Blues for Mai Cramer


On invading Iraq
"To me, it's really scary. War really opens up a can of worms for us. You don't know where it will go next, whether it could lead to a third world war or what. My son is 13, my daughter is 8. It worries me to think about what's ahead for them. I don't know how you solve these things, but there have to be other ways than war, fighting and all this craziness."
Cindy Morrow, Republican, shoe store manager, Scottsdale, Ariz., quoted in The New York Times






Google Search
Google Image Search
GooFresh: New pages

My brother's project
USS Saratoga Museum Foundation

My other sites
Subterranean Homepage News

Providence Newspaper Guild

Comments by
weblog commenting

The Reader
After-hours edition of Subterranean Homepage News
(Why"The Reader"?)

August 3, 2002

Heartfelt thanks for all the kind words from readers, bloggers, colleagues and friends when my mom died.

It was 37 years and 10 days ago today... It's 5:10 a.m., first light, nobody stirring but the woodpecker and me.

As I type that, the bird chorus begins. The woodpecker seems to be the alarm clock.

Later today, Joe and I are going to the Newport Folk Festival, where Dylan will play for the first time in 37 years. It will be my first return there since July 25, 1965, too.

That summer of 1965, I turned 18. I had just finished my freshman year in college, and came home to a boring summer job on the College Fashion Board at Shepard's, a Providence department store. (People who know me now either don't believe this or thnk it's hilariously out of character, but it was true. I sent everybody to the men's department to buy blue jeans.)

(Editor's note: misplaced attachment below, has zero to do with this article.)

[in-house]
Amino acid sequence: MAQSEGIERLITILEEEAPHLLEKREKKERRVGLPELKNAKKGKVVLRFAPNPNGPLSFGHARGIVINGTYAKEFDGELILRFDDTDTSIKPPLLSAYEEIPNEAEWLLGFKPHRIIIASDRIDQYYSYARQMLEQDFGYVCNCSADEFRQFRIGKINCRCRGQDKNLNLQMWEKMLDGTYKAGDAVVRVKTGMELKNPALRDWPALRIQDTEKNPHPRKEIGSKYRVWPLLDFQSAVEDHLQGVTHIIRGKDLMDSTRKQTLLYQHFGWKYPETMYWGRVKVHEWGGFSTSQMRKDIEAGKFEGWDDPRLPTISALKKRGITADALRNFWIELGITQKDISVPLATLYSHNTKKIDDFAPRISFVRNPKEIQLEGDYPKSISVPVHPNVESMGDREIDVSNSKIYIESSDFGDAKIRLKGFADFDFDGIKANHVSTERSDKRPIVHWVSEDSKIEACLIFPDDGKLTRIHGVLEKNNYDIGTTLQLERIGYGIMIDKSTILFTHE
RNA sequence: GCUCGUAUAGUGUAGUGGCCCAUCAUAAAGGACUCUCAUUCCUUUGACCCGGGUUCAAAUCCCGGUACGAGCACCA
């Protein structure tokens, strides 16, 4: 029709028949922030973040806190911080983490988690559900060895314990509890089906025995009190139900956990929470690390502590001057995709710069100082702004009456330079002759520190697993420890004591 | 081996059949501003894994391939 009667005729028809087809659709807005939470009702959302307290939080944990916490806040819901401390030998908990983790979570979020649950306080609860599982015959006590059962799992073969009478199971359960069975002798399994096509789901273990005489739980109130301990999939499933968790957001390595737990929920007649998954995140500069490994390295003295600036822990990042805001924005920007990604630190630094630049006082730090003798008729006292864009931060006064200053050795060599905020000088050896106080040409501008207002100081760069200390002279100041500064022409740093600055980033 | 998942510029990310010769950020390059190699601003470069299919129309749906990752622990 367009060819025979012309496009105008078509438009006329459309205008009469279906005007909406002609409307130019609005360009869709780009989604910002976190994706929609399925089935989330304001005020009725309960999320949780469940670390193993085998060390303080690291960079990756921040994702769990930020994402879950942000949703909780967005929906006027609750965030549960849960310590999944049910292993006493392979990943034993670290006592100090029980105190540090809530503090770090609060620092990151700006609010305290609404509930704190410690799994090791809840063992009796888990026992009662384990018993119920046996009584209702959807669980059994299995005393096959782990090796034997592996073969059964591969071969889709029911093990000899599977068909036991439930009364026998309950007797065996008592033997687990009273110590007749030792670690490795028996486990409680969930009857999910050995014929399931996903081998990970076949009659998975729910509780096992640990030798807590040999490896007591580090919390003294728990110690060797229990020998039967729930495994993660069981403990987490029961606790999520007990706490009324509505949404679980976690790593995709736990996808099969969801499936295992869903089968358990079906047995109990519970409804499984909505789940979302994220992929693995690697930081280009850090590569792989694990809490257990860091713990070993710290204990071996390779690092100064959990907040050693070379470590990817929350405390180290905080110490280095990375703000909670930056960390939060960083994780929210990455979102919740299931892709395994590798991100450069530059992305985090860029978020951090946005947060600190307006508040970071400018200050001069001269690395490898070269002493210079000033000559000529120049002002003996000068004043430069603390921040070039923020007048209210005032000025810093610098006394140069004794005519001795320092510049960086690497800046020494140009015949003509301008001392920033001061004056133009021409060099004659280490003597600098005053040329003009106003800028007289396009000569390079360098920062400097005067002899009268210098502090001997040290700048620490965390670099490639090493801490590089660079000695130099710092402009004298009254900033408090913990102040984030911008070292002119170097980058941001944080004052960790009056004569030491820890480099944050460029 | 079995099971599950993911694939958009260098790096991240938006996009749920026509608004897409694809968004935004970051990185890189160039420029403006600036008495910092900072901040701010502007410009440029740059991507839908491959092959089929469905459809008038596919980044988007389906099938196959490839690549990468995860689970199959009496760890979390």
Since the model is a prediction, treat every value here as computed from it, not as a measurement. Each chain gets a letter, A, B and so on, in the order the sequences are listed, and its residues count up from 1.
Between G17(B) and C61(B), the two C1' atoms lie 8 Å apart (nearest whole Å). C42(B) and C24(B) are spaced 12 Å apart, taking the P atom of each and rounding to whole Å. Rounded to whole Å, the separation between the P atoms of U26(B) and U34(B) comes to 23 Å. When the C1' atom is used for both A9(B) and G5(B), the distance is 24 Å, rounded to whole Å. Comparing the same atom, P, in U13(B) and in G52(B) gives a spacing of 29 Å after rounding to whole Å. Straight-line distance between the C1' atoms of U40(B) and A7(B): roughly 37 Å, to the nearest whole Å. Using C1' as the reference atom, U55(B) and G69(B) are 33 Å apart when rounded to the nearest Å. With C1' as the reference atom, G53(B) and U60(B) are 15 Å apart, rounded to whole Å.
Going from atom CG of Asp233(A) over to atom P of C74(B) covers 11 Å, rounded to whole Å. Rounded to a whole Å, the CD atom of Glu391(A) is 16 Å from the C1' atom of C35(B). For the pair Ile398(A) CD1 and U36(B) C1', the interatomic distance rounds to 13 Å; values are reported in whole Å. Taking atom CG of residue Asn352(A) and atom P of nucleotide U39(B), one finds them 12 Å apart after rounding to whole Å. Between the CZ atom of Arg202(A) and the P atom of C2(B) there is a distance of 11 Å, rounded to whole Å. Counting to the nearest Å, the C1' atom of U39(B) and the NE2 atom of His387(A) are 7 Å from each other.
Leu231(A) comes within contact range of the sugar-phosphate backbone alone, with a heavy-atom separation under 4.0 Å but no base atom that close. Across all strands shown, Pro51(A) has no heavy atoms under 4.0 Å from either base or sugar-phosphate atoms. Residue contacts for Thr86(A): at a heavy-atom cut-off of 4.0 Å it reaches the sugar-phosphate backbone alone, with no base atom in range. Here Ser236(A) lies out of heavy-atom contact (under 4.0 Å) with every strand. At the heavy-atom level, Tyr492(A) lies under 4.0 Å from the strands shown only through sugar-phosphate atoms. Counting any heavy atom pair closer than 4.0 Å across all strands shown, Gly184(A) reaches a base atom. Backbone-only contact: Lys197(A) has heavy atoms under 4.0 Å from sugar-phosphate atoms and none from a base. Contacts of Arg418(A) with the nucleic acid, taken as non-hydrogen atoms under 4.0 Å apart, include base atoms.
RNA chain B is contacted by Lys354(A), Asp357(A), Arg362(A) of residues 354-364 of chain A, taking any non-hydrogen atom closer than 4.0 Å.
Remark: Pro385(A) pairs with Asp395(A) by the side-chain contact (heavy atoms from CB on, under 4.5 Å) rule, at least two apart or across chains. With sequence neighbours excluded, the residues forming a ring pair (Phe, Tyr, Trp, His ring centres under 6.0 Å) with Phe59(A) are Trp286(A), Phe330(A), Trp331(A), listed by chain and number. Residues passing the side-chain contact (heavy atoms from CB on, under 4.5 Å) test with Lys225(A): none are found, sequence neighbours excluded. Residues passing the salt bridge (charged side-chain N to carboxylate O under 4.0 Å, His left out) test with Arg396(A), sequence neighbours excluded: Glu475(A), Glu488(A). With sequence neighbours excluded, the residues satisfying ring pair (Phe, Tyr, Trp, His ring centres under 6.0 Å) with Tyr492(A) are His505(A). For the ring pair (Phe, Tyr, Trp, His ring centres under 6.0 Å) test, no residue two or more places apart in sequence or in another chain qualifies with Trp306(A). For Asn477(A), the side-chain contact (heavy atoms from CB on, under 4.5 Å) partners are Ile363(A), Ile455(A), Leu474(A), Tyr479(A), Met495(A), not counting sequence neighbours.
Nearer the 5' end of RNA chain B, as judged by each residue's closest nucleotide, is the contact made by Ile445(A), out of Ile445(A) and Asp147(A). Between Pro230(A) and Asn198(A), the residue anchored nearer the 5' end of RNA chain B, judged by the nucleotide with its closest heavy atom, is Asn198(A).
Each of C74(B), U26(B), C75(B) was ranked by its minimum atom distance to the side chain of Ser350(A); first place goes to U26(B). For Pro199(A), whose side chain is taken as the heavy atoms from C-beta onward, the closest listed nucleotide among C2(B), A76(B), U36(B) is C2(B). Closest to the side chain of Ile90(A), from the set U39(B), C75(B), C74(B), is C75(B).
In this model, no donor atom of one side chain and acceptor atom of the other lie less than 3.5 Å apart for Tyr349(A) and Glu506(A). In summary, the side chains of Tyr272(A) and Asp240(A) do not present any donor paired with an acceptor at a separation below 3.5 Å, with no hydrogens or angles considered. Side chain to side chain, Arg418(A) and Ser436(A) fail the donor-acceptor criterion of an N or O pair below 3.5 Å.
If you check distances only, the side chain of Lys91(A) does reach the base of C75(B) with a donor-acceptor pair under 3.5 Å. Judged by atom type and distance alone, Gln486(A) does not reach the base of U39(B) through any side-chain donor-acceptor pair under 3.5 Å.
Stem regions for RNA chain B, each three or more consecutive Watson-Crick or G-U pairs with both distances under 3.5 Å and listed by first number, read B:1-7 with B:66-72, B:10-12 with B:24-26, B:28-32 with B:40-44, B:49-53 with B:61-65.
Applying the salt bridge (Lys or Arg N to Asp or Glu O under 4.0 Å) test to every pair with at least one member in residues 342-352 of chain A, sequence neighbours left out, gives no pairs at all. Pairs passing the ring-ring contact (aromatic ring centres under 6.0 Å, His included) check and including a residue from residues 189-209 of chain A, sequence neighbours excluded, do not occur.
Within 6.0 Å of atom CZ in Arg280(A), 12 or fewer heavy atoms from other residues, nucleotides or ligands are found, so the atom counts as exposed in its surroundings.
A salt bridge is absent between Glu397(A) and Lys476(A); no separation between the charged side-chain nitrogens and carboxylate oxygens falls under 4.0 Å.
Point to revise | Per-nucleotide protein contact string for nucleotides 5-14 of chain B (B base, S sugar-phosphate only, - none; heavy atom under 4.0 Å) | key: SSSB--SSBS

I had been turned onto Dylan in high school. I had discovered that the way out of my limited world was the debate team, where wins earned trips to national tournaments in faraway cities. Entire hotels full of bright kids opened new worlds. I was 15 and on my own (I'd won in original oratory) in Pittsburgh, in May of 1963, when Alan Clement picked me up in the elevator.

He wore long hair, boots and jeans, and lived with his debate coach in Greenwich Village. We stayed up all night talking about the meaning of life, and made out in the stairway.

January 1964

Alan and I met again in January of '64, in Washington, at a debate tournament, and my debate partner hooked up with his debate partner. When National Airlines went on strike, we cashed in our tickets and took a bus to New York City.

Alan took us to the Village and there, in the back room of the Night Owl Cafe, was Bob Dylan. His girlfriend Yvette borrowed my hairbrush. I don't remember much else, just a big round wooden table under a naked lightbulb, and conversations with older men whom I now realize were very stoned and hitting on me in beatnik ways. ("Look into my eyes... What do you see?" "Uh... nothing.")

Frantic parents were not amused.

Dylan was a catalyst for a nice girl from a nice family with a head full of ideas I thought nobody else had. ( "It is not he or she or them or it that you belong to.")

His music was the soundtrack to my homework. The songs opened me, taught me. As quickly as I absorbed them, there was another album, and he had changed too. There was a dialog between Dylan and those of us of a certain age changing along with him in realtime.